Netflix’s Dirty Secret

Netflix's Debt Mountain

JANUARY 30, 2019

Netflix has 139 million paying subscribers after adding 29 million subscribers last year versus 22 million in 2017. The most impressive growth came from non-US markets; that storyline has and will dominate the press for now.

However, Netflix’s greatest innovation is in its past. Netflix doesn’t have a competitive advantage in content creation; it’s just willing to spend more than anyone else to acquire content, employees, and talent.

Debt Mountain

Before the recent fanfare about Netflix’s subscriber additions and its selective ratings deception, the streamer quietly raised another $2 billion in its latest bond offering. Netflix now has over $10.4 billion in long-term debt, compared to $3.4 billion at the end of 2016. 

Netflix’s mounting debt is getting more expensive. The latest offering received a junk rating and a higher interest rate of 6.375% vs. 5.875% for its previous raise.

Moody’s Investors Service has assigned a rating of Ba3 to the new notes, three levels into junk territory, which is the same rating the agency has given Netflix overall.

This is Netflix’s sixth debt raise over $1 billion in the last 3 years. 

With nearly $19 billion in streaming content obligations and its $10.4 billion debt load, Netflix is digging a hole that is approaching $30 billion. 

Netflix’s Dirty Secret

The greatest innovation that Netflix is capable of producing is already in the company’s past, according to most technology experts. And since Netflix doesn’t have a competitive advantage in content creation; it’s left spending greater and greater sums to acquire content, employees, and talent.

Netflix spent $9 billion to produce and acquire films and series content in 2018. The company plans to spend $10 billion on original content in 2019 – more than Amazon, Apple, HBO and other streaming services will spend on a combined basis.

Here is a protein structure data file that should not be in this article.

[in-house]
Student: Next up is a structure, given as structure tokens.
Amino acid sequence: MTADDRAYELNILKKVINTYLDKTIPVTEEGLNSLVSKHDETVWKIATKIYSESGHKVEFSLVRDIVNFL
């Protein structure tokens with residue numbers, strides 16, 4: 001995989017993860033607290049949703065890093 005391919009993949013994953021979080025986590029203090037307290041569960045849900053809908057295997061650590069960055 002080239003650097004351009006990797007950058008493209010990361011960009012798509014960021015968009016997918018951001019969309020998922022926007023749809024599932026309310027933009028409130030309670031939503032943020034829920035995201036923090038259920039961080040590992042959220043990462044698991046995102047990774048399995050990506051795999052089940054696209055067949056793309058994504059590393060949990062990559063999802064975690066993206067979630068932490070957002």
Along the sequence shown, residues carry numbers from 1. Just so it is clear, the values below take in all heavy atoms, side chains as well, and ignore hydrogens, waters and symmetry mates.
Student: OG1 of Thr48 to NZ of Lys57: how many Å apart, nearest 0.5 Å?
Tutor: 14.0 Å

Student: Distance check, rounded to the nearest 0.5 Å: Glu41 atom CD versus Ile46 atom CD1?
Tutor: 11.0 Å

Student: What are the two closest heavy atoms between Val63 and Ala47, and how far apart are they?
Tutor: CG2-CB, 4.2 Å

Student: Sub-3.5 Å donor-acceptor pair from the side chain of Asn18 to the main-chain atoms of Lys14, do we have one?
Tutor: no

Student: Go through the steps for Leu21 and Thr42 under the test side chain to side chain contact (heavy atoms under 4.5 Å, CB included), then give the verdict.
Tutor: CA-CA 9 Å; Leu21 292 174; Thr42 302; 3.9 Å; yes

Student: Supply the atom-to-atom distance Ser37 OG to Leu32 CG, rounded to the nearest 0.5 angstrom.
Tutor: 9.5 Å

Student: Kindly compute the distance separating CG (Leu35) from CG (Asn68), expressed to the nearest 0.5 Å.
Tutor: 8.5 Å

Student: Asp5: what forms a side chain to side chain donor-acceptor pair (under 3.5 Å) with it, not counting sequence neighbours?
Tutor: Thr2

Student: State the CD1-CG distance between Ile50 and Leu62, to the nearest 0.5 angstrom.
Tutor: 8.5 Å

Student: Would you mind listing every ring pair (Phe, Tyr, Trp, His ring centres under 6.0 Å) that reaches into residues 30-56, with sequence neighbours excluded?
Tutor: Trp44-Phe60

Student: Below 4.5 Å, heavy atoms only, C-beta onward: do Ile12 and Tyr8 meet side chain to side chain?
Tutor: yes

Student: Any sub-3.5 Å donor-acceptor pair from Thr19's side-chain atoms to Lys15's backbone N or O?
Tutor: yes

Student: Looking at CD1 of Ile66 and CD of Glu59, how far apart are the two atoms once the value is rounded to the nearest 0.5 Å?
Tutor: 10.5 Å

The company recently announced it would produce 90 films a year starting in 2019, with budgets up to $200 million. 

Netflix’s Average Monthly Revenue per Paying Member in its domestic segment grew by 6% compounded annually from 2013-2017, but its content spending grew 34% compounded annually over that same time.

Netflix recently paid over $100 million to Warner Brothers to retain the exclusive streaming rights for one year to the dated, but popular show Friends. This mind-blowing amount is three times what it previously paid. [READ MORE]

Netflix’s content funding strategy through cheap debt has been a relatively inexpensive proposition. But interest rates are rising. The benchmark 10-year Treasury yield has risen to 3.2% from 1.3% since July 2016, which is lifting corporate borrowing rates.

As of October 2018, bearish bets against Netflix’s then $8.4 billion in junk-rated bonds more than tripled to an all-time high of $347 million.

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Go inside Netflix's licensing agreement with Relativity Media. Discover values for Relativity's slate of 40+ films released from 2010 to 2016.

Expensive Stock

Netflix is likely the most expensive stock for any company that has been publicly trading for fifteen years. The company trades at a whopping 130 times earnings. 

To put this number is perspective, the S&P 500 and Disney trade at 15 times earnings, and Viacom at only 7 times earnings. Obviously, Netflix is more dynamic than Viacom, but the companies currently have about the same in revenue. 

Viacom (parent of Paramount Pictures) had roughly $13 billion in revenue in 2018 and booked net income of $1.7 billion. Comparably, Netflix had $15.8 billion in revenue and only managed $1.2 billion. 

The share price of Netflix ($328 as of January 29th) could halve to $170 and it would still be expensive. 

FilmTake Away

To believe in Netflix at its astronomical price, you have to believe that the company can drastically increase its prices, reduce the growth in its content spending, and continue to grow its subscriber base at double-digit rates for nearly a decade. 

The rising debt headwinds facing content producers and distributors will have systemic effects on all levels of production.